In a pro se supplemental brief, Atwater argues that Wyatt’s observation through the window of the white trailer violated his constitutional rights because there was a locked gate and “no trespassing” signs at the entrance to the Birch Lane property. That evidence was not presented at the omnibus hearing but at trial, and there was conflicting evidence about the existence of the gate. Because the issue was not presented to the district court, we will not address it on appeal. See State v. Gunn, 299 N.W.2d 137, 138 (Minn. 1980) (stating that failure to object to issue at trial generally means party has waived his right to raise the issue on appeal).
Atwater next contends that Wyatt’s affidavit did not establish the informant’s reliability or veracity, and, therefore, probable cause to issue the search warrant was lacking.
When police rely on information provided by an informant, all of the stated facts relating to the informer should be considered in making a totality-of-the-circumstances analysis. Police may rely on an informant’s tip if the tip has sufficient indicia of reliability. When assessing reliability, courts examine the credibility of the informant and the basis of the informant’s knowledge in light of all the circumstances.
State v. Cook, 610 N.W.2d 664, 667 (Minn. App. 2000) (quotation and citations omitted), review denied (Minn. Jul. 25, 2000).
An informant’s reliability may be established by sufficient police corroboration of the information supplied, and corroboration of even minor details can “lend credence” to the informant’s information where the police know the identity of the informant.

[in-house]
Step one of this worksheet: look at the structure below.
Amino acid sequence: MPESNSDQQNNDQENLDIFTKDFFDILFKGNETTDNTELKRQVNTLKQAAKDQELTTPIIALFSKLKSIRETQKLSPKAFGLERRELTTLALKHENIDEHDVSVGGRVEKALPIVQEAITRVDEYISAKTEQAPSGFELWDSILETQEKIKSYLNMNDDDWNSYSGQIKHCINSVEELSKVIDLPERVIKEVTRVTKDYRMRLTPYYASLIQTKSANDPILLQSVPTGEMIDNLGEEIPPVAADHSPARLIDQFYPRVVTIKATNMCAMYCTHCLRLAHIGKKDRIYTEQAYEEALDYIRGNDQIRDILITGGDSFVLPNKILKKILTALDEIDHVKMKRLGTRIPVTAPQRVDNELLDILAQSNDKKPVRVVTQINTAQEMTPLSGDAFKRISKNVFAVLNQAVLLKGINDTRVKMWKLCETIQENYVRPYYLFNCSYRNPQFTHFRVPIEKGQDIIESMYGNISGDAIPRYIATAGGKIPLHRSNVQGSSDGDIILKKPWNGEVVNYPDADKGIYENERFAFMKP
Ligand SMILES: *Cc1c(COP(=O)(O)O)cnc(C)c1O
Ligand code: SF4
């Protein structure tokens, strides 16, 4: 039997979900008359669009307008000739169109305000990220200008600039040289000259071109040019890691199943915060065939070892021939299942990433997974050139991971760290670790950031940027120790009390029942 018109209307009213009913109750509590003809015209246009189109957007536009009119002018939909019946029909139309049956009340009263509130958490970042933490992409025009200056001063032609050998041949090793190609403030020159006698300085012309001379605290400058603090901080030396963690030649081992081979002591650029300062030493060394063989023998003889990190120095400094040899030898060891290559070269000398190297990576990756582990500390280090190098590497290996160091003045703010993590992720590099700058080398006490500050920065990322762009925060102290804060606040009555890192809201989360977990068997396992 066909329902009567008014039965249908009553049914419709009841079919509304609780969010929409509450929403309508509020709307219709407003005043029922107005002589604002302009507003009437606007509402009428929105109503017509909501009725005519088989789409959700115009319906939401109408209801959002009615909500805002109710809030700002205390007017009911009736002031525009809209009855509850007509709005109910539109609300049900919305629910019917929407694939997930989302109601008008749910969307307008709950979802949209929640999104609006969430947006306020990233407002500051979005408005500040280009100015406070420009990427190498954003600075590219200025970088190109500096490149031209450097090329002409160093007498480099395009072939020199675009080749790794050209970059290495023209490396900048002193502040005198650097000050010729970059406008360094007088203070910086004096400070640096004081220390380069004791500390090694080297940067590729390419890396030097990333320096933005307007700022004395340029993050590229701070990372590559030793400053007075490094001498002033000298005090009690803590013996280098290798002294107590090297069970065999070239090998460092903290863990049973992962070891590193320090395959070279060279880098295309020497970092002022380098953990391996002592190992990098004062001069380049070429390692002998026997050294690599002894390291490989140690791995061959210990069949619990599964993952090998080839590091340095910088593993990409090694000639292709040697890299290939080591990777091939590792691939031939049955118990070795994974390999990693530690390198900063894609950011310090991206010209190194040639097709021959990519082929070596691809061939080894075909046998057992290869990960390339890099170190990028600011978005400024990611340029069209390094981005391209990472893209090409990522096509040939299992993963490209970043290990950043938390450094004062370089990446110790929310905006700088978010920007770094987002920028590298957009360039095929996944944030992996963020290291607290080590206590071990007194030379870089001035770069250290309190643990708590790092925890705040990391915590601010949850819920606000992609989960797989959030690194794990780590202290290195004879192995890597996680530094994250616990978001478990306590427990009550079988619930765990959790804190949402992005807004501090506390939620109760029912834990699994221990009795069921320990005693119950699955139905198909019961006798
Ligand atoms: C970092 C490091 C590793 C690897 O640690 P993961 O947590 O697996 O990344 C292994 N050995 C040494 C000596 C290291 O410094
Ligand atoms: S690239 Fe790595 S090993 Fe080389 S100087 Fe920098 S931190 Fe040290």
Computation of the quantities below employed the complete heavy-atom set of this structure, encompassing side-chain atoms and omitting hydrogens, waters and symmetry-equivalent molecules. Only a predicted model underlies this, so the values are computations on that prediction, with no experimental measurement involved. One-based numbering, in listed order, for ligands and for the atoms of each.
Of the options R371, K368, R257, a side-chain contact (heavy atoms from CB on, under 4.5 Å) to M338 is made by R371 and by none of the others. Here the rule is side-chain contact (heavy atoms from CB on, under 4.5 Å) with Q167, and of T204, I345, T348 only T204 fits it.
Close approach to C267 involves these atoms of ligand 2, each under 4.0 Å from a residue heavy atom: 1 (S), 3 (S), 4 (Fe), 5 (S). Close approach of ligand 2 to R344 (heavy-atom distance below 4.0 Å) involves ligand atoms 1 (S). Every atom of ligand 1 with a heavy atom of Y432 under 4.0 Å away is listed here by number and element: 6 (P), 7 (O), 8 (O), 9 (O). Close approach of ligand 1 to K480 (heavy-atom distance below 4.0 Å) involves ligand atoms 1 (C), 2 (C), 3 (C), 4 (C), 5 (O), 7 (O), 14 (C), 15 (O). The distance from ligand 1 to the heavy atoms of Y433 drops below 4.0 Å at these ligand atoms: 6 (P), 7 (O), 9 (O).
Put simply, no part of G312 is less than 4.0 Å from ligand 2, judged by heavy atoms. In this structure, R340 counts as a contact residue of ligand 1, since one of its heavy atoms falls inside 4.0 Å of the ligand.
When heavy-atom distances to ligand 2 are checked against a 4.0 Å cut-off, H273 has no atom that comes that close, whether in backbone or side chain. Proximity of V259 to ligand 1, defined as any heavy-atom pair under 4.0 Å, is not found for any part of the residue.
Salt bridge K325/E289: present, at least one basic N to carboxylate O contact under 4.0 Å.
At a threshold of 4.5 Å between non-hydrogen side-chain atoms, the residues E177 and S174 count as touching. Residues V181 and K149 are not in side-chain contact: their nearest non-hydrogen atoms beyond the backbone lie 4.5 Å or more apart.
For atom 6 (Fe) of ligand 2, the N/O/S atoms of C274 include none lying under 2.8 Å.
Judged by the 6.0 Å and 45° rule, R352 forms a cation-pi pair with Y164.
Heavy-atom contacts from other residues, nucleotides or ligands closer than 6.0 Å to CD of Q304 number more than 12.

State v. Ward, 580 N.W.2d 67, 71 (Minn. App. 1998) (citation omitted).
At the Birch Lane property, Wyatt observed that the property’s layout exactly matched the informant’s description and that the white trailer contained numerous items associated with the methamphetamine-manufacturing process. Wyatt’s observations provided sufficient corroboration of the information provided by the informant to establish the informant’s reliability. See State v. Lozar, 458 N.W.2d 434, 440 (Minn. App. 1990) (concluding that police corroboration of informant’s detailed description of defendants’ property and buildings lent sufficient credence to informant’s tip), review denied (Minn. Sept. 28, 1990).
The district court did not err in determining that probable cause existed to issue the warrants to search Atwater’s apartment and his Birch Lane property.
2. The firearms-enhancement provision of the mandatory-minimum sentencing statute states in relevant part that